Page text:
Not Well-Rounded, But Excellent: Sean-Allen Parfitt
HA note: The following is reprinted with permission from Sean-Allen Parfitt’s blog Of Pen and Heart. It was originally published on August 16, 2013. This is the second part of Sean-Allen’s three-part series for HA. Read Part One here.
My whole family has been homeschooled from kindergarten through high school. In last week’s post, I discussed how I was forbidden to learn anything that was “unapproved”. Though the effect was a deprived of a well-rounded education, I will stand by my opinion that my home education was actually quite excellent.
The base curriculum my family used was Rod and Staff. As is frequently the case with Mennonite education, the curriculum stopped at grade 10, so for grades 11 and 12 we used the curriculum by Bob Jones University Press. The BJU Press science curriculum was also used to supplement the lower grades, as was their math curriculum from 9th grade on.
The schoolwork we did was in fact quite vigorous, and Mom was a strict teacher.
We were far from “unschooled”, as some families are. Quite the opposite; we were not allowed to play until our homework was done. For many years we were required to complete every problem, question, and assignment in every lesson of every book. Every wrong answer was to be reworked and returned for re-grading until it was correct. Every reading lesson was read out loud to Mom, and any mistakes in pronunciation or inflection were to be corrected and the section read over until Mom was satisfied. Every essay was carefully scrutinized and marked up with red pen. All suggested class questions from the teacher’s manuals were duly asked, and answered. Every flash card drill was performed, with all speed times for each child written in the teacher’s book to be compared to previous work, both by the individual child, and to his or her siblings who had gone on before!
As you can see, this rigorous classroom method kept me working hard at my desk for much of my childhood. I studied math, English, science, geography, history, and other subjects. As the eldest, I did not have the competitive element that came from comparing the younger ones’ work with the older ones’. Nonetheless, the in-depth curriculum, along with Mom’s strict grading, kept me aiming for the highest grades possible. Every misspelled word was -1/4 point, and any other mistake was at least -1 point, if not -2, depending on the problem and the severity of the mistake. An A grade was 95% or higher.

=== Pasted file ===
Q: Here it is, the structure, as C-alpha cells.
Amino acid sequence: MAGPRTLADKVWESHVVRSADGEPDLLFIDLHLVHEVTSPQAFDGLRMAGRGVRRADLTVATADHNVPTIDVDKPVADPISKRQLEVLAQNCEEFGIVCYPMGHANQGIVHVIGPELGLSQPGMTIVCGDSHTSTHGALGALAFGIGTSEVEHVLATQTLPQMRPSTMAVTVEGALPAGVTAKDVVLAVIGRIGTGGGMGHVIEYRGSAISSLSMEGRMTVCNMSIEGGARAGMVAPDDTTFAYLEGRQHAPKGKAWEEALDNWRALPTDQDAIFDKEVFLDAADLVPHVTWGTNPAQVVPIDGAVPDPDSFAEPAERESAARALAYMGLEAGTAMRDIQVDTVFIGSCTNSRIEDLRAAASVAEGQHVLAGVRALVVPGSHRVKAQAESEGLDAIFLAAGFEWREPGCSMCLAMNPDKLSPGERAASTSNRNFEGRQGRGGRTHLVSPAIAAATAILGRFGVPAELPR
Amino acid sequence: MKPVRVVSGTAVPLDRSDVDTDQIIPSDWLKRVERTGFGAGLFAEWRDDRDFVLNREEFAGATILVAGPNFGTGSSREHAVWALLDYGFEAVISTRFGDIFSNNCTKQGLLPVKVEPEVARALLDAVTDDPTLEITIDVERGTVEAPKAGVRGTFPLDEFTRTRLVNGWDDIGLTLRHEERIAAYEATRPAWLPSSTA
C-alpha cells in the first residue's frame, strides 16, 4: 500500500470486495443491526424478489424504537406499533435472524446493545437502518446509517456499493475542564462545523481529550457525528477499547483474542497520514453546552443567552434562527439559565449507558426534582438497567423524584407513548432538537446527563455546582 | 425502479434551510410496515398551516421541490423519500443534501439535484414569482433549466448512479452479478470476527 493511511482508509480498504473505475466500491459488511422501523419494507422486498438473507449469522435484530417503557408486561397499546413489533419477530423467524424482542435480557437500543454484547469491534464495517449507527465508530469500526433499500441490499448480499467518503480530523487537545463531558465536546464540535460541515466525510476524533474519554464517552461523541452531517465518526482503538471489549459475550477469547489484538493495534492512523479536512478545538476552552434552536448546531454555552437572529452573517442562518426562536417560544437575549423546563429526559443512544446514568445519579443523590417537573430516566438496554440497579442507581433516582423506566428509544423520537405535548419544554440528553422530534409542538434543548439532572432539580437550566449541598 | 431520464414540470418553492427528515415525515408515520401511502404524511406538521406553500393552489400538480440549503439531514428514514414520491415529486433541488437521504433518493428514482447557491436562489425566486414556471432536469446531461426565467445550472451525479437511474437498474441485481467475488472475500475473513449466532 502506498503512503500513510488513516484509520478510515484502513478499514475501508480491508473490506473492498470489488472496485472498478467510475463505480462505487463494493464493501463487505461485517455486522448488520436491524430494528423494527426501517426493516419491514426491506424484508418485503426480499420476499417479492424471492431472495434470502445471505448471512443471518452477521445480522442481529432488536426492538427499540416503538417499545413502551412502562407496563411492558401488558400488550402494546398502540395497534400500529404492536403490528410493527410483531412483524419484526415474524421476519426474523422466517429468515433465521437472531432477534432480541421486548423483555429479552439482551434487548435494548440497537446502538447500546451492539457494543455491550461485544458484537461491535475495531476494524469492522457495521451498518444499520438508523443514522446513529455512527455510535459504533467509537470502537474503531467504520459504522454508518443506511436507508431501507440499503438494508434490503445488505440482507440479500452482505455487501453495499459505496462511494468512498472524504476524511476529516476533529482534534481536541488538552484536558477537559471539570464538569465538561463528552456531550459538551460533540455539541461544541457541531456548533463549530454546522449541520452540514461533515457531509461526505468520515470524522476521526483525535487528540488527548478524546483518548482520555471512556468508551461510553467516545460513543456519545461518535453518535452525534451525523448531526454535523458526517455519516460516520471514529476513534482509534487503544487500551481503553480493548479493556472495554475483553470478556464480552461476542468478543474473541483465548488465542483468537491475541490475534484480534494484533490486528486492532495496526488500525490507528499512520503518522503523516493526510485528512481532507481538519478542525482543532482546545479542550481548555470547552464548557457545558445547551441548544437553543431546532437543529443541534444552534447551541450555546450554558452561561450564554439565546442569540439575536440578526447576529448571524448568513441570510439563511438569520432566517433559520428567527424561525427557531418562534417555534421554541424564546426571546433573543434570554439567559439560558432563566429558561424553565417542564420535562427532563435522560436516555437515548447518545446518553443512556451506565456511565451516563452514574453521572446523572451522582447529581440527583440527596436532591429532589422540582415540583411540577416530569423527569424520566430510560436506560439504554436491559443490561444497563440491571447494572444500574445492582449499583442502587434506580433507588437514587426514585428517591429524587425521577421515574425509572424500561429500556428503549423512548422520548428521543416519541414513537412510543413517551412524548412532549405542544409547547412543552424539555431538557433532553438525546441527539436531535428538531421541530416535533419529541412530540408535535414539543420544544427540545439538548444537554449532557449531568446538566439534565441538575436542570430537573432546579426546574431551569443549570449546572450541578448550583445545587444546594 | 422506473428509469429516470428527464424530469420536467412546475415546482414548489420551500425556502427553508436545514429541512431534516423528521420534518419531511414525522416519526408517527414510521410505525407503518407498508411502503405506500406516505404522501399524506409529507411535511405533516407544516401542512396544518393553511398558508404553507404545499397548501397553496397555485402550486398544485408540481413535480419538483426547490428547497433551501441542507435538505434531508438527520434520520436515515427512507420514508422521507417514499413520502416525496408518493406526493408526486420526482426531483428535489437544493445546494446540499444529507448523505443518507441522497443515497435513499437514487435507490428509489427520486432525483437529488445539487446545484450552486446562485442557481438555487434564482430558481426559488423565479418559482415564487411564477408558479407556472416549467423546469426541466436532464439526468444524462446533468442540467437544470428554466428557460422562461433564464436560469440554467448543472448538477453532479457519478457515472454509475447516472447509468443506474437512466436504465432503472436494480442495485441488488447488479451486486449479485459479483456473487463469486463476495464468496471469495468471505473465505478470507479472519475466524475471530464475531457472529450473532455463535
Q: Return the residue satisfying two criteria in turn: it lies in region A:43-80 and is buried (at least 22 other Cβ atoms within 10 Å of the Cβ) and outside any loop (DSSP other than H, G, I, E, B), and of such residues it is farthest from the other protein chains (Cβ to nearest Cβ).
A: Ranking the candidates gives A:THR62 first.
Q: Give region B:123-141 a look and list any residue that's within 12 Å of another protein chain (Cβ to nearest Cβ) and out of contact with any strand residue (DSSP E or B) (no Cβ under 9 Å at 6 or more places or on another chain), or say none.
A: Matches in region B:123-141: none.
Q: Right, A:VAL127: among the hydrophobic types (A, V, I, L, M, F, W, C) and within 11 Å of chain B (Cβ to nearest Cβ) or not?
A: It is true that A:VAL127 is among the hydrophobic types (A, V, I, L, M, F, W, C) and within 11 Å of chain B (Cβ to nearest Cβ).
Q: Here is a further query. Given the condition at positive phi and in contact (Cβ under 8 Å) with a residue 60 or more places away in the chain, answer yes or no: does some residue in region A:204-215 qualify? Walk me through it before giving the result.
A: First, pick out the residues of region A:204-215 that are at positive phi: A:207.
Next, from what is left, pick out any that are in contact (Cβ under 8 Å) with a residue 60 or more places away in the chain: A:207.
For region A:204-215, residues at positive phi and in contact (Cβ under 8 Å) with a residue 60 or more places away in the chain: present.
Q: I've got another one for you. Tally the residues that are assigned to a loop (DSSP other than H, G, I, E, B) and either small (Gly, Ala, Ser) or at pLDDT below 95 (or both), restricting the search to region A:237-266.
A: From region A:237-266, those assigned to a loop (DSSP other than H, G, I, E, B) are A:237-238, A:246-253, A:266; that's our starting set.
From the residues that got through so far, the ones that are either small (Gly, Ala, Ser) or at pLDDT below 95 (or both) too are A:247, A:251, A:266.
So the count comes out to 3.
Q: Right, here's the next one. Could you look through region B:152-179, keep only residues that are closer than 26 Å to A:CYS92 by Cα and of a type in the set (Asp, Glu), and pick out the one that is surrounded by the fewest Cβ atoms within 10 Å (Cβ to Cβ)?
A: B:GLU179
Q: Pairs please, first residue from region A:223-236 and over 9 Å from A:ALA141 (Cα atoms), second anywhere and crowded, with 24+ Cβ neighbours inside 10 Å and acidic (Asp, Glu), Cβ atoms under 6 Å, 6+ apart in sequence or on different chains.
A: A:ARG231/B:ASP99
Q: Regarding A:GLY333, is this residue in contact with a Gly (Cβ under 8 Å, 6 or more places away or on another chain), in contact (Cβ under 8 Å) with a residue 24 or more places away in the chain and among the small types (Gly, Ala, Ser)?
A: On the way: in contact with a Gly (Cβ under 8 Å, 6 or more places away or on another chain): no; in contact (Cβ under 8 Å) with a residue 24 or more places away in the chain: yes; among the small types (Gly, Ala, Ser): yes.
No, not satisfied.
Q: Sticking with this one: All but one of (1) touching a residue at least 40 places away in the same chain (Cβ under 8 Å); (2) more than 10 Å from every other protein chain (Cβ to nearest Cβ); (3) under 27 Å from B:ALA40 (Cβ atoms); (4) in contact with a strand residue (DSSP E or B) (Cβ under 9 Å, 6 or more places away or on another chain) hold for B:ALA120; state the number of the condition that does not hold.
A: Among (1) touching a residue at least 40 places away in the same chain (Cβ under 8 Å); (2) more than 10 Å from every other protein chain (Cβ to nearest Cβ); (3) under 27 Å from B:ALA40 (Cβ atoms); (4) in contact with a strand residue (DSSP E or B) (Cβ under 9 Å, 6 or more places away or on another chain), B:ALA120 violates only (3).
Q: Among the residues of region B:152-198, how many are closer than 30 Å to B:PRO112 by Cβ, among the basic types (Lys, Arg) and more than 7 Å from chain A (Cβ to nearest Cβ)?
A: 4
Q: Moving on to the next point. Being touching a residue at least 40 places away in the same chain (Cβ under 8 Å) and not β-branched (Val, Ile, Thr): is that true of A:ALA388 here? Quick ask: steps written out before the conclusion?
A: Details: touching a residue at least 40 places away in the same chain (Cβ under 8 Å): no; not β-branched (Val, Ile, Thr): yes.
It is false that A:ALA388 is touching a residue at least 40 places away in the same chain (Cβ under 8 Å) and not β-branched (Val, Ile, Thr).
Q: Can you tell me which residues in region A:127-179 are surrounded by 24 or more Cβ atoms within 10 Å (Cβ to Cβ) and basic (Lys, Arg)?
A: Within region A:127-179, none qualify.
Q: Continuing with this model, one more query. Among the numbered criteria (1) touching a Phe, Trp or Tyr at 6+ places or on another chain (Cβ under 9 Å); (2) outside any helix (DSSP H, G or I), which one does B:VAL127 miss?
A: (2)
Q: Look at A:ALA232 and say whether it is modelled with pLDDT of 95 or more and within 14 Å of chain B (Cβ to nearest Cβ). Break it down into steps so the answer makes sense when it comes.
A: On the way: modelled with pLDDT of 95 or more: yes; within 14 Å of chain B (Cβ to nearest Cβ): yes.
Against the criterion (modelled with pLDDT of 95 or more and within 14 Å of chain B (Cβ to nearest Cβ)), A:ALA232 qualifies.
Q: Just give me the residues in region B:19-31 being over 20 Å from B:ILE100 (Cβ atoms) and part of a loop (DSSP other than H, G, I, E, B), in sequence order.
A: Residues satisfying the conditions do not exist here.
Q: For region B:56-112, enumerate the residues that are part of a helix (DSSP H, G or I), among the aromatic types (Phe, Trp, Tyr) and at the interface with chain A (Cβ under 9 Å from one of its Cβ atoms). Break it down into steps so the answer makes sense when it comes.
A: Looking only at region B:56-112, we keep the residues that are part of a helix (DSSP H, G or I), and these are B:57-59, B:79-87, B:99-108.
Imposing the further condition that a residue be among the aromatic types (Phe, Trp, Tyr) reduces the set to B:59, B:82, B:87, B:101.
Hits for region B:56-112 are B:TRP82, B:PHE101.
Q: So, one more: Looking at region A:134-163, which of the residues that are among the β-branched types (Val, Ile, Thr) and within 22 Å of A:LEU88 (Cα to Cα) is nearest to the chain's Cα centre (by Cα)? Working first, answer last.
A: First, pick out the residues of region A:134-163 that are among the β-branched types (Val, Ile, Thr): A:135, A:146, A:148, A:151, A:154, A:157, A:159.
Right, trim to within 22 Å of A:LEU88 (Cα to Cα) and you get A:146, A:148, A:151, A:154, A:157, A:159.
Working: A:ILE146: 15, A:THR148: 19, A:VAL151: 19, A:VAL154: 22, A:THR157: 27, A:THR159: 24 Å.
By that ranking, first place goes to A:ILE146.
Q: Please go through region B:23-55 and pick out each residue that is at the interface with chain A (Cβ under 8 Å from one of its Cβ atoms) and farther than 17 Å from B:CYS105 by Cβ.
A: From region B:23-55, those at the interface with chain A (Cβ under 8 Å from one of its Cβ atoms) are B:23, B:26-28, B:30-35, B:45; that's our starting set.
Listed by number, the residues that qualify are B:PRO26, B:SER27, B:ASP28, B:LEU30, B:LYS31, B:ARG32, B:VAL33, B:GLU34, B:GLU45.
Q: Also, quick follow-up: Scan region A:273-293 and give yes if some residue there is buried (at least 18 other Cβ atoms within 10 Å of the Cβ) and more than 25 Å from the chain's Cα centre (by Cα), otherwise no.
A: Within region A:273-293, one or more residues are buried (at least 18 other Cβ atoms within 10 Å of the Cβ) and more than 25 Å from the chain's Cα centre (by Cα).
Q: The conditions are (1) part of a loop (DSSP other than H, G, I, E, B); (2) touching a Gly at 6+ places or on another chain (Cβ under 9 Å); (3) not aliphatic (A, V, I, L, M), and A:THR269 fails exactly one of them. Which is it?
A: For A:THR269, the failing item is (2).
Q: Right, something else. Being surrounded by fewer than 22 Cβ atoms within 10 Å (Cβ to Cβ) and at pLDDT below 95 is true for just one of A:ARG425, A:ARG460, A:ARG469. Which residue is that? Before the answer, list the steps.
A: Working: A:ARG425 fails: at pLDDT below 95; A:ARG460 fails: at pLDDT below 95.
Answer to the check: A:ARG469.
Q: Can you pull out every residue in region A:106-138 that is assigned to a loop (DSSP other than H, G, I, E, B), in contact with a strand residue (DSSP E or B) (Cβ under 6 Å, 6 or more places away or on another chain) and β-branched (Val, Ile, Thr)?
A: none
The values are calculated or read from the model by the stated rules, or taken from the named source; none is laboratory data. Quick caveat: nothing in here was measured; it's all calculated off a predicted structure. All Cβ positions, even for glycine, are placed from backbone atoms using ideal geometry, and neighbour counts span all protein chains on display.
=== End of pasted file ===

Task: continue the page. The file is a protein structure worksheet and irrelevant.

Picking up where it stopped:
I didn’t pick up as much in science and history as I did in English and math. But the education I did receive, and retain, was quite sufficient. In fact, it was superior to many public-schooled children in America.
Every 2 years our family took standardized tests, and we routinely ranked in the 99th percentile in many subjects.
When I took my SAT, even though my score wasn’t as high as I was hoping, it was still quite good. I took the entrance exam to attend Monroe Community College, which consisted of an English section and a math section. Afterward, when I sat down with the adviser, he told me that I had done so well… I had only gotten one question wrong on the whole test. They placed me in advanced composition, which in which I received an A, and when I took pre-calculus, calculus I and calculus II, I got A, A, and A-, respectively.
I believe that my academic education, though perhaps lacking in literature and humanities, was quite sound. My English skills gave me an advantage when learning Spanish, as I thoroughly understand how grammar works. My scores of essays written in school now serve me as I attempt to communicate with the world. Math was indispensable in college, and I even use it sometimes today. In fact, my career as a software engineer was born from the seeds my father planted, when he taught me how to program in MBASIC on an Osborne Executive when I was only 8 years old.
He nurtured this throughout my middle- and high-school career, and now I program for a living.
Even though there were some drawbacks to being educated at home, I emerged academically well prepared with a career path ready for me to follow. I am extremely grateful for the care my mother and father put into making sure I was ready for life. One thing I’m really not good at: speling.
To be continued.
Hah! I also failed at spelling for most of my schooling. My mom and sister are both “natural” spellers, and I think she just didn’t realize how much I was struggling with it. It got to the point that I couldn’t perform internet searches (back in the days when the internet didn’t correct your spelling) or search for books in the library catalog because my spelling was so bad. In 11th grade, I think, I finally went to my mother and asked her to buy me a spelling curriculum because I felt so dumb. One year of that helped me immensely, and I now feel I am an average speller (although not as good as I’d like). In pretty much all other respects, my education was wonderful.
I’m curious… you say you used mennonite curricula. Did you go through the “Pathway Readers” reading curriculum? The one that didn’t have any illustrations with people in them because that is forbidden, I guess?
No, actually, Rod and Staff has their own reading curriculum. However, we did have friends who used Pathway.